The end of a time slice is costly (need to interrupt the running program, switch over to the kernel, stash away the running process context, restarting another process means loading it's context, cache contents of the processor are now useless and have to be reloaded). You want to do this hopefully only when forced (the running program does a system call, which forces a context switch anyway; a high-priority interruption arrives), but on the other hand you don't want any process to just monopolize the system by never yielding. So sometimes (i.e., by time slice end) you will force it. The "80%" rule of thumb is just that, it works (most of the time, for most workloads, and probably makes very little practical difference if it is 60% or 90%).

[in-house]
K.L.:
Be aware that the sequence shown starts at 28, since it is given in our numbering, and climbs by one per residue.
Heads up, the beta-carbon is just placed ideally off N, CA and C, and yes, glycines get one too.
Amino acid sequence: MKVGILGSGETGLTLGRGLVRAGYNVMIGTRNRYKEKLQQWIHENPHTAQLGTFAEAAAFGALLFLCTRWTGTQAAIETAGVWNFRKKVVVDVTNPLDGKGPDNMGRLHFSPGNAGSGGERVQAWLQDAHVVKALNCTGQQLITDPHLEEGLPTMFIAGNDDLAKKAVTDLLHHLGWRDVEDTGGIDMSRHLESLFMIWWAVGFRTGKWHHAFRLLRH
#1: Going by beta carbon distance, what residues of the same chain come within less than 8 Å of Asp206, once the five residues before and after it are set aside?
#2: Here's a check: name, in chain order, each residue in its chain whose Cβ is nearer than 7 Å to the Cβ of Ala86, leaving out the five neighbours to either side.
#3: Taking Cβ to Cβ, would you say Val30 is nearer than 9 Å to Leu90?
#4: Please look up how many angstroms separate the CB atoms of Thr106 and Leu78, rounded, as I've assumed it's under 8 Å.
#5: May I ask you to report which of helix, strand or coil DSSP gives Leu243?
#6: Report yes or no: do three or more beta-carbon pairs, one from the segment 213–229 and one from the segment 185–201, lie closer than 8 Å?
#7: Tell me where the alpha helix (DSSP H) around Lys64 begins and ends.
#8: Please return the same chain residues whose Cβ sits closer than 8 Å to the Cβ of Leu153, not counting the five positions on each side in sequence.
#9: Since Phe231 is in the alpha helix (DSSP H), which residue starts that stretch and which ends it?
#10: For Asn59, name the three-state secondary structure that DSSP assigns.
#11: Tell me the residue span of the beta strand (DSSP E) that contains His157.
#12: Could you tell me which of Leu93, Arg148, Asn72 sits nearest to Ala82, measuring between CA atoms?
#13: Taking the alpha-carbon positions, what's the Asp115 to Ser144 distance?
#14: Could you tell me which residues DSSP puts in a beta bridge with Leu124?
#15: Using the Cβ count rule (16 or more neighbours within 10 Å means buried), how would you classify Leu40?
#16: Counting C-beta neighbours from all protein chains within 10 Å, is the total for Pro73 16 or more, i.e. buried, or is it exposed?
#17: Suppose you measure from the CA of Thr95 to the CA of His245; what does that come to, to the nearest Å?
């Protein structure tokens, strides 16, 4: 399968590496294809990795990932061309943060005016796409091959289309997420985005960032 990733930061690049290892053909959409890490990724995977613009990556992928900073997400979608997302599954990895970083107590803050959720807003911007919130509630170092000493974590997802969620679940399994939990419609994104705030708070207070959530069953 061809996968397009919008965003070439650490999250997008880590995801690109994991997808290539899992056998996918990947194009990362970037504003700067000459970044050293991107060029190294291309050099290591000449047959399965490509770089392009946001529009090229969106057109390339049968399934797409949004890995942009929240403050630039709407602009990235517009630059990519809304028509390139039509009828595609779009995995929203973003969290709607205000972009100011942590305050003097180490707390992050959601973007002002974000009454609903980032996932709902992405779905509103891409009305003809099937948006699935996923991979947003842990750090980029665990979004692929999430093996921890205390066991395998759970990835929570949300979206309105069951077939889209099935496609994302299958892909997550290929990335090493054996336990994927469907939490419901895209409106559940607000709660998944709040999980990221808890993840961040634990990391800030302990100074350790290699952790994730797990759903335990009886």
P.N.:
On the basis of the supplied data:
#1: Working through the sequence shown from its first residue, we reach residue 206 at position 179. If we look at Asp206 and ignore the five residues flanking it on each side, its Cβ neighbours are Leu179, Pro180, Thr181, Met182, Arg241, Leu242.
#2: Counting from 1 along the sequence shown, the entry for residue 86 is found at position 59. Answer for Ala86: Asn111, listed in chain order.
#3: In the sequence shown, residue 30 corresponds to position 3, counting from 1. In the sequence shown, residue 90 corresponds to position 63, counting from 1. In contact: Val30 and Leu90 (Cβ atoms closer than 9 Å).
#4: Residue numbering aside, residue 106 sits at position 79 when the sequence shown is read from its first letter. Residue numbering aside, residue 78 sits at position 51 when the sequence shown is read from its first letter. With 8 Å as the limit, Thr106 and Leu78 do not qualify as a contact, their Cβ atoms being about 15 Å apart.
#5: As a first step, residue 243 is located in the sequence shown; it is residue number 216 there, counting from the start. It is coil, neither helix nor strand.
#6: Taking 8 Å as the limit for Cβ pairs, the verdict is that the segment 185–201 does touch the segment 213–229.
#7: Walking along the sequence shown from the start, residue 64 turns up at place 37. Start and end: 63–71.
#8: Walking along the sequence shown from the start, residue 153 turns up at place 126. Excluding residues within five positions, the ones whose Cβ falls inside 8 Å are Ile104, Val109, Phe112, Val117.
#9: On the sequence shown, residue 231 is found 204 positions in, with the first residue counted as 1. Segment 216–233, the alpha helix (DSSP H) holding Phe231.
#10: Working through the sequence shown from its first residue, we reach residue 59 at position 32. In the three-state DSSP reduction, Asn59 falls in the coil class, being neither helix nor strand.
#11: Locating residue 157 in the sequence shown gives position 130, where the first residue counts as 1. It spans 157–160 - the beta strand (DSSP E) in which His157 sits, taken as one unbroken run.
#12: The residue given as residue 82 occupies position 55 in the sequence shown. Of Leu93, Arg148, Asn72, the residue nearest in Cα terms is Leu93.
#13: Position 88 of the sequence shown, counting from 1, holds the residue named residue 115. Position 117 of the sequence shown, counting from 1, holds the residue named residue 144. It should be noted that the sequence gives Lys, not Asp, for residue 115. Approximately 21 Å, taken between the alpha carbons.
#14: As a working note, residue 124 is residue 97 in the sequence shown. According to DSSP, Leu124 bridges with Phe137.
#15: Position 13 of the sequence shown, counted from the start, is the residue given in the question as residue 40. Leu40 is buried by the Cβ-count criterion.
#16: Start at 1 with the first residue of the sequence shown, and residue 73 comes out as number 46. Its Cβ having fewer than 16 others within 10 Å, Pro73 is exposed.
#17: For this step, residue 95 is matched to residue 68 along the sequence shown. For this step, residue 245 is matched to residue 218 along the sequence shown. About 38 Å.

Take a look at e.g. Pabla's discussion of the Completely fair scheduler in Linux to get a feel of the problems to be solved. The history of Linux' schedulers is quite enlightening (and people have been reported to be sucked into hacking it, never to be seen again...)